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Signs of System Change

Society is beginning to recognize that the problems we face- hunger, homelessness, poverty, disease- are systemic in nature. These problems involve a group of actors, often very different from each other, who each play a role in maintaining status quo (or changing it). Collective impact is an approach to solving these complex, systemic problems by aligning those disparate actors to a common agenda, allowing them to work together for change.

We’ve been learning a lot lately about the power of collective impact to change systems in order to change lives. We’ve learned that collective impact can change the way an education system operates so that more kids graduate from high school ready to enter college and the workforce. It’s transforming a juvenile justice system to provide more young people in crisis with the opportunity for a better life. It’s fighting hunger around the world or substance abuse in neighborhoods around the United States.

Those are macro level changes. Those are the changes that take years of hard work and commitment of many passionate people tackling social challenges in order to make their communities strong and vibrant. Collective impact involves one group of people trying to influence another group to change their behavior so that yet another group of people changes theirs.  It’s those intermediate steps of behavior change that lead to ultimate impact on an entire system of actors.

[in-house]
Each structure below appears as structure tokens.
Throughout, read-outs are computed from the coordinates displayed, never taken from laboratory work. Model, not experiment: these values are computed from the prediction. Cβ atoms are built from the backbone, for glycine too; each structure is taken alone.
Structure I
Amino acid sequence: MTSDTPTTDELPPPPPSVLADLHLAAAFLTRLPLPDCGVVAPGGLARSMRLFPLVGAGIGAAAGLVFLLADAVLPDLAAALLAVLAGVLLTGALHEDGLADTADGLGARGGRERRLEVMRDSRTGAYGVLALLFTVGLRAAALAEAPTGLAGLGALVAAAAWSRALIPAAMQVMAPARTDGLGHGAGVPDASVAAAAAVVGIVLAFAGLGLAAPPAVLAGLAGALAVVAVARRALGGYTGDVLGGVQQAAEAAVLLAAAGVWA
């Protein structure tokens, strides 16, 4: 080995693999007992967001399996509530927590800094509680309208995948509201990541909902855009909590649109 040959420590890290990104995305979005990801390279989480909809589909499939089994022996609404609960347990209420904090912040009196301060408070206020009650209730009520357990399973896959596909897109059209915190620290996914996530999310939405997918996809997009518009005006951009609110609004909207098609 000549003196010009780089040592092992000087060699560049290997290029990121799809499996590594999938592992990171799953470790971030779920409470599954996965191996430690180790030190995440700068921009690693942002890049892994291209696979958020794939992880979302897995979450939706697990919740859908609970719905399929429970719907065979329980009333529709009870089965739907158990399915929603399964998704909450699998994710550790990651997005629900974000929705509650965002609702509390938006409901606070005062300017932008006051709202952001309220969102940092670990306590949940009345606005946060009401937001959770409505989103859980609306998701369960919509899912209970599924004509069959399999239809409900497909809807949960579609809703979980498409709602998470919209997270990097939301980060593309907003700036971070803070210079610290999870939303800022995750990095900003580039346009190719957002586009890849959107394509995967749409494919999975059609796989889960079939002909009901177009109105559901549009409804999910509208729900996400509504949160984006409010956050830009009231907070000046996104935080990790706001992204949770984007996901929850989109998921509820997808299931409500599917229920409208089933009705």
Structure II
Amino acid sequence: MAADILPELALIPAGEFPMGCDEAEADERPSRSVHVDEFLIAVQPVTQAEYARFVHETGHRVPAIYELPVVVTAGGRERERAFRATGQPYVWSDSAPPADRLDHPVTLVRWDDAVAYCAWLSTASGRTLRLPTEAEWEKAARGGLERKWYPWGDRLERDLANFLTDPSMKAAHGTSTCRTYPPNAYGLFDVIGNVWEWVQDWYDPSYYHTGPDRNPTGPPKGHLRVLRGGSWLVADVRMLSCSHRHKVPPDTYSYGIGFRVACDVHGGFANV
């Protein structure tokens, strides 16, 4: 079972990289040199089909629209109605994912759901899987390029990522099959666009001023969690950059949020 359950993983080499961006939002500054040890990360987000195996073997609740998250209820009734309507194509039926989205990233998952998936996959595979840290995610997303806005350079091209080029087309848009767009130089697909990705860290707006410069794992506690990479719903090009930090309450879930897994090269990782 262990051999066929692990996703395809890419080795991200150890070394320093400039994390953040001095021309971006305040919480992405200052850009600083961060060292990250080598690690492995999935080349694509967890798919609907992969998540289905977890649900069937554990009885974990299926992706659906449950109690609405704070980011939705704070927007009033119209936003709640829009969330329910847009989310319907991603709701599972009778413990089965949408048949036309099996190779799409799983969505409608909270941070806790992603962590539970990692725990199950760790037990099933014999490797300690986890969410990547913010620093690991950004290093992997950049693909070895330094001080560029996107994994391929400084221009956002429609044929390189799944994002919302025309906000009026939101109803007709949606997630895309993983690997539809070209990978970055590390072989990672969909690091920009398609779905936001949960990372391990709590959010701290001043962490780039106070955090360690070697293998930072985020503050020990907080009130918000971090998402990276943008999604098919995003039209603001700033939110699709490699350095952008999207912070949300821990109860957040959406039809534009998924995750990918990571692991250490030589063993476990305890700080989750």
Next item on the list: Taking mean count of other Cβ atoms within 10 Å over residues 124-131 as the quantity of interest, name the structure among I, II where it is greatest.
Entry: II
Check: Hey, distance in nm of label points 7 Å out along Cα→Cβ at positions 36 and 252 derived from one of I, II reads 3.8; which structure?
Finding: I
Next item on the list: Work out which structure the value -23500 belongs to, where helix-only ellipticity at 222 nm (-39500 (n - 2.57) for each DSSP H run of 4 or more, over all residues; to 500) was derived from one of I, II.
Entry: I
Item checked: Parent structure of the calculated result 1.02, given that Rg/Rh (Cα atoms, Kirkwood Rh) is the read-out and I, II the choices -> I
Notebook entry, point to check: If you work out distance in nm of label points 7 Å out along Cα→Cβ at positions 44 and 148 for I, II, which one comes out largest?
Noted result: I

For example: FSG has been working with the Tackling Youth Substance Abuse (TYSA) coalition in Staten Island to fight youth alcohol and prescription drug abuse. What is the system at work here? It’s parents, teachers, adults, pharmacists, physicians, treatment providers, coaches, faith-based organizations, businesses, and so many others whose behavior has the ability to impact teens and their the rate of substance abuse.

In Staten Island, the TYSA Steering Committee and workgroups are designing and executing strategies to change the behavior of those system actors to reach the ultimate target, the young people. They are starting to have a visible impact, even after just a short period of time.

  • One workgroup is planning a series of trainings on a tool to screen for youth substance abuse. Their ultimate goal is to train as many adults who come into contact with youth as possible, from probation officers to baseball coaches. This tool will allow adults to identify youth with potential issues, and thus get more young people the help they need.
  •  Another workgroup is creating a best practices guide for pharmacists to educate them on the roles they can play in decreasing prescription drug misuse and abuse. While a policy change may occur in the future, this guide is an intermediate means of supporting pharmacists as they try to change their behavior to promote healthy outcomes.    

These are early signs of systems change. They represent the efforts of one group (the workgroup) to change the behavior of another (coaches and pharmacists) in order to change the lives of young people on Staten Island. Those are the many faces of a system ripe for change.            

    Erin White

    Former Associate Director, FSG